oalib

Publish in OALib Journal

ISSN: 2333-9721

APC: Only $99

Submit

Any time

2019 ( 7 )

2018 ( 45 )

2017 ( 34 )

2016 ( 48 )

Custom range...

Search Results: 1 - 10 of 33940 matches for " Caty van den Hoek "
All listed articles are free for downloading (OA Articles)
Page 1 /33940
Display every page Item
Using Intervention Mapping to develop a programme to prevent sexually transmittable infections, including HIV, among heterosexual migrant men
Mireille EG Wolfers, Caty van den Hoek, Johannes Brug, Onno de Zwart
BMC Public Health , 2007, DOI: 10.1186/1471-2458-7-141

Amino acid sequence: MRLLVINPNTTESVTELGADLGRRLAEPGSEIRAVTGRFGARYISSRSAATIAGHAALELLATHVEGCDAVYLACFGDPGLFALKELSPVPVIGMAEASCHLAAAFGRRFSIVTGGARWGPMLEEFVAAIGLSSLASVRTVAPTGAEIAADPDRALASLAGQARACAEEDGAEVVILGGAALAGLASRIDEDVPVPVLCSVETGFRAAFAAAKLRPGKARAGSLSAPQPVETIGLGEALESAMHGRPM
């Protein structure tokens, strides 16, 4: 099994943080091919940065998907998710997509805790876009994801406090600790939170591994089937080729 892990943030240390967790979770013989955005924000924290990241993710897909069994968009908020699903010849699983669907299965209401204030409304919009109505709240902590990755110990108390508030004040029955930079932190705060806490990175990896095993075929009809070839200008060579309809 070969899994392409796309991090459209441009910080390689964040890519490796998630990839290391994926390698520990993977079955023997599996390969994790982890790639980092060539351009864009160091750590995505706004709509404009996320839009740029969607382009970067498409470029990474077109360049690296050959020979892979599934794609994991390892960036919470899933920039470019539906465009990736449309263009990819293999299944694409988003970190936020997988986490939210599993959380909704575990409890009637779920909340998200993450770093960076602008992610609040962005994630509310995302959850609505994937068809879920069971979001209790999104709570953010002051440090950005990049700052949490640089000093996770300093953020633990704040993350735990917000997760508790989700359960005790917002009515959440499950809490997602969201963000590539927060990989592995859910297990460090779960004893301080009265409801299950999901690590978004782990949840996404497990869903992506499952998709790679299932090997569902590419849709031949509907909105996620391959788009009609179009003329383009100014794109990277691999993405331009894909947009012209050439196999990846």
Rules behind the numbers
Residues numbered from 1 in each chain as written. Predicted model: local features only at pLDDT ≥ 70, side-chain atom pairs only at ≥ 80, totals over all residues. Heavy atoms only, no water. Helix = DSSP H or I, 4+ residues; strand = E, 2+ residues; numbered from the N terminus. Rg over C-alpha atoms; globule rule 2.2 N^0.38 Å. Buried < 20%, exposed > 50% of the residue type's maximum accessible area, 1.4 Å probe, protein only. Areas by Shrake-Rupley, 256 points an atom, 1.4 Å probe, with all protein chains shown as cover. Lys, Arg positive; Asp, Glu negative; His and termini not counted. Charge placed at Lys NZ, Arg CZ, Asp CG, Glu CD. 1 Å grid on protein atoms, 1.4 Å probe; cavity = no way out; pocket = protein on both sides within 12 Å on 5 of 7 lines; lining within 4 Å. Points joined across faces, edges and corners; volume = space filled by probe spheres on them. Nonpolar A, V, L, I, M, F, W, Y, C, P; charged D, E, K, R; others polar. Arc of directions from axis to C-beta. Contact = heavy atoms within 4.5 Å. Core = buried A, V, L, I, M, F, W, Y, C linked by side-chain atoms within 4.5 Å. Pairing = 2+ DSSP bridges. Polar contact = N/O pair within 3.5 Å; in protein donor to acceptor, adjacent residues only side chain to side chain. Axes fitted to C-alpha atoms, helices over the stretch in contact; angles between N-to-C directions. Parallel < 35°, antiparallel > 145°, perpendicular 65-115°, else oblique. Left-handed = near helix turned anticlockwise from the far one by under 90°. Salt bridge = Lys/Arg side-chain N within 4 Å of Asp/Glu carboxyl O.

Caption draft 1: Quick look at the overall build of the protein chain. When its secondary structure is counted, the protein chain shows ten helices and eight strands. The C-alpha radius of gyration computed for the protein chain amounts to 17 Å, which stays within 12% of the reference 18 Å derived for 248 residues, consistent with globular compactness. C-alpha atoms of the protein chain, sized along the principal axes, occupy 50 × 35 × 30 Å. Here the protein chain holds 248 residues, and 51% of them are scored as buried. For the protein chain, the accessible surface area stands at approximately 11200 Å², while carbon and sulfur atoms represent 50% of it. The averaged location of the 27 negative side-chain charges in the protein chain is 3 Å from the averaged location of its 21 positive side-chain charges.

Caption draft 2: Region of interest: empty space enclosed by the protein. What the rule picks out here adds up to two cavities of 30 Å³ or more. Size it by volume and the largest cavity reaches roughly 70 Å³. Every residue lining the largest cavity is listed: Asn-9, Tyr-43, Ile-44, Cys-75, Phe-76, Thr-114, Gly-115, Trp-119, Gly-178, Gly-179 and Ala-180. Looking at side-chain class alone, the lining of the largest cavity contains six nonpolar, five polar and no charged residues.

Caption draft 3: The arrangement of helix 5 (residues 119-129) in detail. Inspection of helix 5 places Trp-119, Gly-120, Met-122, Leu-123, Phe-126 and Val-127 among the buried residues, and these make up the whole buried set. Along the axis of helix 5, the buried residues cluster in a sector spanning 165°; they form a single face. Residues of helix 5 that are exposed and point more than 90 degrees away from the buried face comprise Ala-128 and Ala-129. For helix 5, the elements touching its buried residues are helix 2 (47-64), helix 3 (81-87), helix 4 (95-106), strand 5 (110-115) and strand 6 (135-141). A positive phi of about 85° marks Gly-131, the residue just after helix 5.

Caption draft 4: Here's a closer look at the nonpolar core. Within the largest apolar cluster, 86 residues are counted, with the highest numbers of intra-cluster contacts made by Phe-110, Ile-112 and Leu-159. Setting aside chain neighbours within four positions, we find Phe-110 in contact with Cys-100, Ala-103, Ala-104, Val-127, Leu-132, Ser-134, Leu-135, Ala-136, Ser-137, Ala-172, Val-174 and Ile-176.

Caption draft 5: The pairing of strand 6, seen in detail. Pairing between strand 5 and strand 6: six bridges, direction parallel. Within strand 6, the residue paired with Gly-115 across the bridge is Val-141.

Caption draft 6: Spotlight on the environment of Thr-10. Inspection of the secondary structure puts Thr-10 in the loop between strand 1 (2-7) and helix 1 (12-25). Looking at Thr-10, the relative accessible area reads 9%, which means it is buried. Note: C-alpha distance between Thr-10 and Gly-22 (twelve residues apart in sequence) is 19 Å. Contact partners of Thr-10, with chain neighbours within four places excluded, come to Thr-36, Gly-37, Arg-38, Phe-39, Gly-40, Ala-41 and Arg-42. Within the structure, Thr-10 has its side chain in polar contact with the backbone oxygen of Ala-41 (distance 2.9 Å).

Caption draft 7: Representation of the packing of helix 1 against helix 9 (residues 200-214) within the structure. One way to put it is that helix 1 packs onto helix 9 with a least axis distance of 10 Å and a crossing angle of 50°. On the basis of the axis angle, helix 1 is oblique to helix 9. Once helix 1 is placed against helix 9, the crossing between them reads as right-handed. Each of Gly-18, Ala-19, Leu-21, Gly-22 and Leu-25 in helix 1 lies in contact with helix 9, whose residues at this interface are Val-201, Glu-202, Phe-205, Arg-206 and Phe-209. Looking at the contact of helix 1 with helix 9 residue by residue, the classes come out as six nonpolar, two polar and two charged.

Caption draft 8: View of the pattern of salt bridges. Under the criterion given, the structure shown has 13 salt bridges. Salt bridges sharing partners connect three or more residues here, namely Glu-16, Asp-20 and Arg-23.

Abstract: First a needs assessment was carried out. Then, a literature review was done, key figures were interviewed and seven group discussions were held. Subsequently, the results were translated into specific objectives ("change objectives") and used in intervention development for two subgroups: men with an Afro-Caribbean background and unmarried men with a Turkish and Moroccan background. A matrix of change objectives was made for each subgroup and suitable theoretical methods and practical strategies were selected. Culturally-tailored interventions were designed and were pre-tested among the target groups.This development process resulted in two interventions for specific subgroups that were appreciated by both the target groups and the migrant prevention workers. The project took place in collaboration with a university center, which provided an opportunity to get expert advice at every step of the Intervention Mapping process. At relevant points of the development process, migrant health educators and target group members provided advice and feedback on the draft intervention materials.This intervention development project indicates that careful well-informed intervention development using Intervention Mapping is feasible in the daily practice of the MPHS, provided that sufficient time and expertise on this approach is available. Further research should test the effectiveness of these interventions.The number of registered new sexually transmitted infections (STI) in the Netherlands has been increasing for several years [1], and reinforcement and extension of preventive actions is necessary. In the Netherlands, as well as in other Western European countries, ethnic minority groups originating from countries with a high prevalence of heterosexually transmitted HIV (Sub-Saharan Africa, Caribbean region) have higher HIV incidence levels. These groups are therefore recognized as important target populations for prevention [1-4]. Heterosexual migrant men are a priority gro